A visit with Gilfry at his home in Etiwanda provides a peek at what is most important to him. Each of his children surfaces at different times—depending on when they get home from school or drama rehearsal—and makes a point, with their dad providing introductions, of greeting their guest with a handshake, clearly comfortable with meeting new people.

During a photo shoot, it takes very little prompting for the family to "squeeze" into the frame on a bench in the backyard. Later, while the photographer reloads his camera near the pool, Marc stands close by, watching. Soon, Rodney steps behind his son and casually puts his arms around the young teen. Carin and Erica have now stepped up to either side of their dad and—partly because of the chill—each wraps her arms around his. Around the time Tina joins her family, the photographer looks up and decides this five-person group hug will be the next shot.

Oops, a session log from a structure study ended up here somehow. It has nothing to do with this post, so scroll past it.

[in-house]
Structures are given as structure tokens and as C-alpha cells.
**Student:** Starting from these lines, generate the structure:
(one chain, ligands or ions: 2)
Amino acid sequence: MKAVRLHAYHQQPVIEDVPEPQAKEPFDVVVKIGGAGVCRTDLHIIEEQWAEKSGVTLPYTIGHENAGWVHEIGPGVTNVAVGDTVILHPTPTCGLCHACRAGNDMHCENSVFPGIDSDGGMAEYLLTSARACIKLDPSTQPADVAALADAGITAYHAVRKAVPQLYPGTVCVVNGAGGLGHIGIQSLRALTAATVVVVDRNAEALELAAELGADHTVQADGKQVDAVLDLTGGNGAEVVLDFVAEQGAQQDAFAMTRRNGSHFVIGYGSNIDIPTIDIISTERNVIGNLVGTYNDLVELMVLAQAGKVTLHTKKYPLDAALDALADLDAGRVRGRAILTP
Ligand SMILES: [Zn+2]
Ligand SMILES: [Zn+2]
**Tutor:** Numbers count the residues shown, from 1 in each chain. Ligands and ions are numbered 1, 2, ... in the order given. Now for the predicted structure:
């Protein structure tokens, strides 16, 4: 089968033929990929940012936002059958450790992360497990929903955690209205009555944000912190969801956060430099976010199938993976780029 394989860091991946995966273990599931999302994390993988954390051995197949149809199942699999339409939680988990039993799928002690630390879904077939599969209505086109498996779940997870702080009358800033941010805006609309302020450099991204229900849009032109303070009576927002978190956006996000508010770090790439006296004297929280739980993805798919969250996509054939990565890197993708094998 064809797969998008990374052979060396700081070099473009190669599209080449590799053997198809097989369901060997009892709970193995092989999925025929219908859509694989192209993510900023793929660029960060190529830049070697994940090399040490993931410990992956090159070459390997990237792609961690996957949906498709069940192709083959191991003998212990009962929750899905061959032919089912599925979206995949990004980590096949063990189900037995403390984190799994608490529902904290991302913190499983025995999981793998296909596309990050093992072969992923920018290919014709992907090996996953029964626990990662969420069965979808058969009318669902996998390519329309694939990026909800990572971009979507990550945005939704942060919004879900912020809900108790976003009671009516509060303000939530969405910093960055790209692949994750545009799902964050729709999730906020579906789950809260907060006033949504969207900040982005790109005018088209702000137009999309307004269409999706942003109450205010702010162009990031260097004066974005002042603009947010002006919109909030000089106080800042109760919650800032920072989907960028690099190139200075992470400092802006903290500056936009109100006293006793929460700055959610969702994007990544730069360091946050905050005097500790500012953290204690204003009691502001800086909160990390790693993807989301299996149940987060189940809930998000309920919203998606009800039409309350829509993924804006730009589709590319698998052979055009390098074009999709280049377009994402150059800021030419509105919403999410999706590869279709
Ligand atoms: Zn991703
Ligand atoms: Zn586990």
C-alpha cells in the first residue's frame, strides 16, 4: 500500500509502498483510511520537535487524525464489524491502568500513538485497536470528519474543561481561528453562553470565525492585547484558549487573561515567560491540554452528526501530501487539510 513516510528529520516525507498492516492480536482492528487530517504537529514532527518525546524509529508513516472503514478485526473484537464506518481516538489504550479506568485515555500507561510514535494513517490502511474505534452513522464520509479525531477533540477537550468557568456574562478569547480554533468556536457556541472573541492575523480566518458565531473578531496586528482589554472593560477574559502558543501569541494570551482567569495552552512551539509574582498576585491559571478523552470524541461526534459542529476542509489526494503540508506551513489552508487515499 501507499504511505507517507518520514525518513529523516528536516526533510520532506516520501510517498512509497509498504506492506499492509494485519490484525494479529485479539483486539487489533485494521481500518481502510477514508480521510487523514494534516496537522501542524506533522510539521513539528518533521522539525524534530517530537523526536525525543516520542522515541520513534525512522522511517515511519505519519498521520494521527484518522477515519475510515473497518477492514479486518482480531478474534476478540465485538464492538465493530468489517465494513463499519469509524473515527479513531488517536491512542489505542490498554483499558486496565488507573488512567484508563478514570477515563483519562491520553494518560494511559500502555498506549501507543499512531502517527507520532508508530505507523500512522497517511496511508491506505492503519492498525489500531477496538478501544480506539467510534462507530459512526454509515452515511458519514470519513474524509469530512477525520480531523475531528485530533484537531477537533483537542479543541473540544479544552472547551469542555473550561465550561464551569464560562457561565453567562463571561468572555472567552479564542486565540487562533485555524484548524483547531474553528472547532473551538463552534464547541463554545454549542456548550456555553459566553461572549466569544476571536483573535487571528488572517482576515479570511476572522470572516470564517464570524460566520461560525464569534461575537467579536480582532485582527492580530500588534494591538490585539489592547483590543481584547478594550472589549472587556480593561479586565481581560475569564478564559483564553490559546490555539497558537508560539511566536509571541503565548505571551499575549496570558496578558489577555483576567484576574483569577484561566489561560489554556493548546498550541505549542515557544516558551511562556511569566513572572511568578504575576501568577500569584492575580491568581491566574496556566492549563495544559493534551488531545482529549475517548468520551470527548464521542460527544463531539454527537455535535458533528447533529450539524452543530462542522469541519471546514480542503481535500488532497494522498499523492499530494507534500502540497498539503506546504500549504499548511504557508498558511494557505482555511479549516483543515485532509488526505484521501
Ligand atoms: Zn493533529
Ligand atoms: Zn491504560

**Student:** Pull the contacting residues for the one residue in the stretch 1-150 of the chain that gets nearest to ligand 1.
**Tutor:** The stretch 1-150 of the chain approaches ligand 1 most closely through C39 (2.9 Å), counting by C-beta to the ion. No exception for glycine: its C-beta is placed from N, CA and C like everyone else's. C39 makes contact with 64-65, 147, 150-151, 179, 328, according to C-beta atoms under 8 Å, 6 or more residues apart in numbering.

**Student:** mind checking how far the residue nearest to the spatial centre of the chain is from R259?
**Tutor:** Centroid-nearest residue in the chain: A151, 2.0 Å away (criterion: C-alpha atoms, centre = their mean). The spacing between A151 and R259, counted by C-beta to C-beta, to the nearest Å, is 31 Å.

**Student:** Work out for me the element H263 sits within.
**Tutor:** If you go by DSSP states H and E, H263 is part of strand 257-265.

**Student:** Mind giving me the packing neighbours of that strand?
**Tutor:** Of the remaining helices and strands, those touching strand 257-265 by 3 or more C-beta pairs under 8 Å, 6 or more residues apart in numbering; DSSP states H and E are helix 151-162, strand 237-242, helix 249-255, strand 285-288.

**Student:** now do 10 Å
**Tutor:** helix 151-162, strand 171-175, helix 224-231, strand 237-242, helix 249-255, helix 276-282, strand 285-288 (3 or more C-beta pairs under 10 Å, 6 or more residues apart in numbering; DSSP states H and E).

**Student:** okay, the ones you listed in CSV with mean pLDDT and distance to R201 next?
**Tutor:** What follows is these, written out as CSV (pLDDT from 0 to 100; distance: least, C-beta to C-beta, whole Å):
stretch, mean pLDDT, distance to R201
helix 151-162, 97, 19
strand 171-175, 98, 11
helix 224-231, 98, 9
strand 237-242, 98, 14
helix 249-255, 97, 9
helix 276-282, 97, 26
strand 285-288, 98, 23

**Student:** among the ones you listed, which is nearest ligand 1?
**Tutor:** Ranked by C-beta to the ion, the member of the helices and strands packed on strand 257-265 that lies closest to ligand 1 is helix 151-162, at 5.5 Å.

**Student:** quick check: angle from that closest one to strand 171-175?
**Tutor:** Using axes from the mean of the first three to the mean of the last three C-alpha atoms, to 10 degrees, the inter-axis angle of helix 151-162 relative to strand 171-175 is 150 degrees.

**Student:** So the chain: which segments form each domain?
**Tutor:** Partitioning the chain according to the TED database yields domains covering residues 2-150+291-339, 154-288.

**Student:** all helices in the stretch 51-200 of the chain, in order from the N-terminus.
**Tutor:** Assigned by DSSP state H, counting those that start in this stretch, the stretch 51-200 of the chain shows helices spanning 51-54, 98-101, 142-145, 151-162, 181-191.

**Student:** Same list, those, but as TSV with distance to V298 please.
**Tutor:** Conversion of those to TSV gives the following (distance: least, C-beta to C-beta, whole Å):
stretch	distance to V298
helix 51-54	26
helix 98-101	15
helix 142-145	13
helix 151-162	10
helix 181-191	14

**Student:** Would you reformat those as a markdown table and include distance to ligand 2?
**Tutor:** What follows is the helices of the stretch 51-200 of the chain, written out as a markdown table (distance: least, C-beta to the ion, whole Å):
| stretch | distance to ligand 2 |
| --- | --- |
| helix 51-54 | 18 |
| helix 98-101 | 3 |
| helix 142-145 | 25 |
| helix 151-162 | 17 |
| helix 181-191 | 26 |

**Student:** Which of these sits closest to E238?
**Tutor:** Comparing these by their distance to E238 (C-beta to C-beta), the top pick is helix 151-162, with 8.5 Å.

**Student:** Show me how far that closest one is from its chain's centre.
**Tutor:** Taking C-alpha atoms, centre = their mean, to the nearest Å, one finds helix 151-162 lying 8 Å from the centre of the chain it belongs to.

Like many parents, Gilfry sometimes brings his work home, which for an opera singer, has its own unique twist. "There's always the danger of being influenced by the role that you play," he explains. "I was doing Don Giovanni. Who is Don Juan? A pretty bad guy, [and] he has a tremendous sense of entitlement. I was at home, admittedly behaving a bit like Don Giovanni, and Erica turns to Tina and says, 'I like him better when he's Billy Budd.'"

Last year, the Cal State Fullerton community caught Gilfry at the 2002 Vision & Visionaries celebration as he was honored with other distinguished alumni. That fall he was invited to serve on a task force to help raise funds in support of the new Performing Arts Center. And in February, he hosted Front & Center, An Evening With Natalie Cole.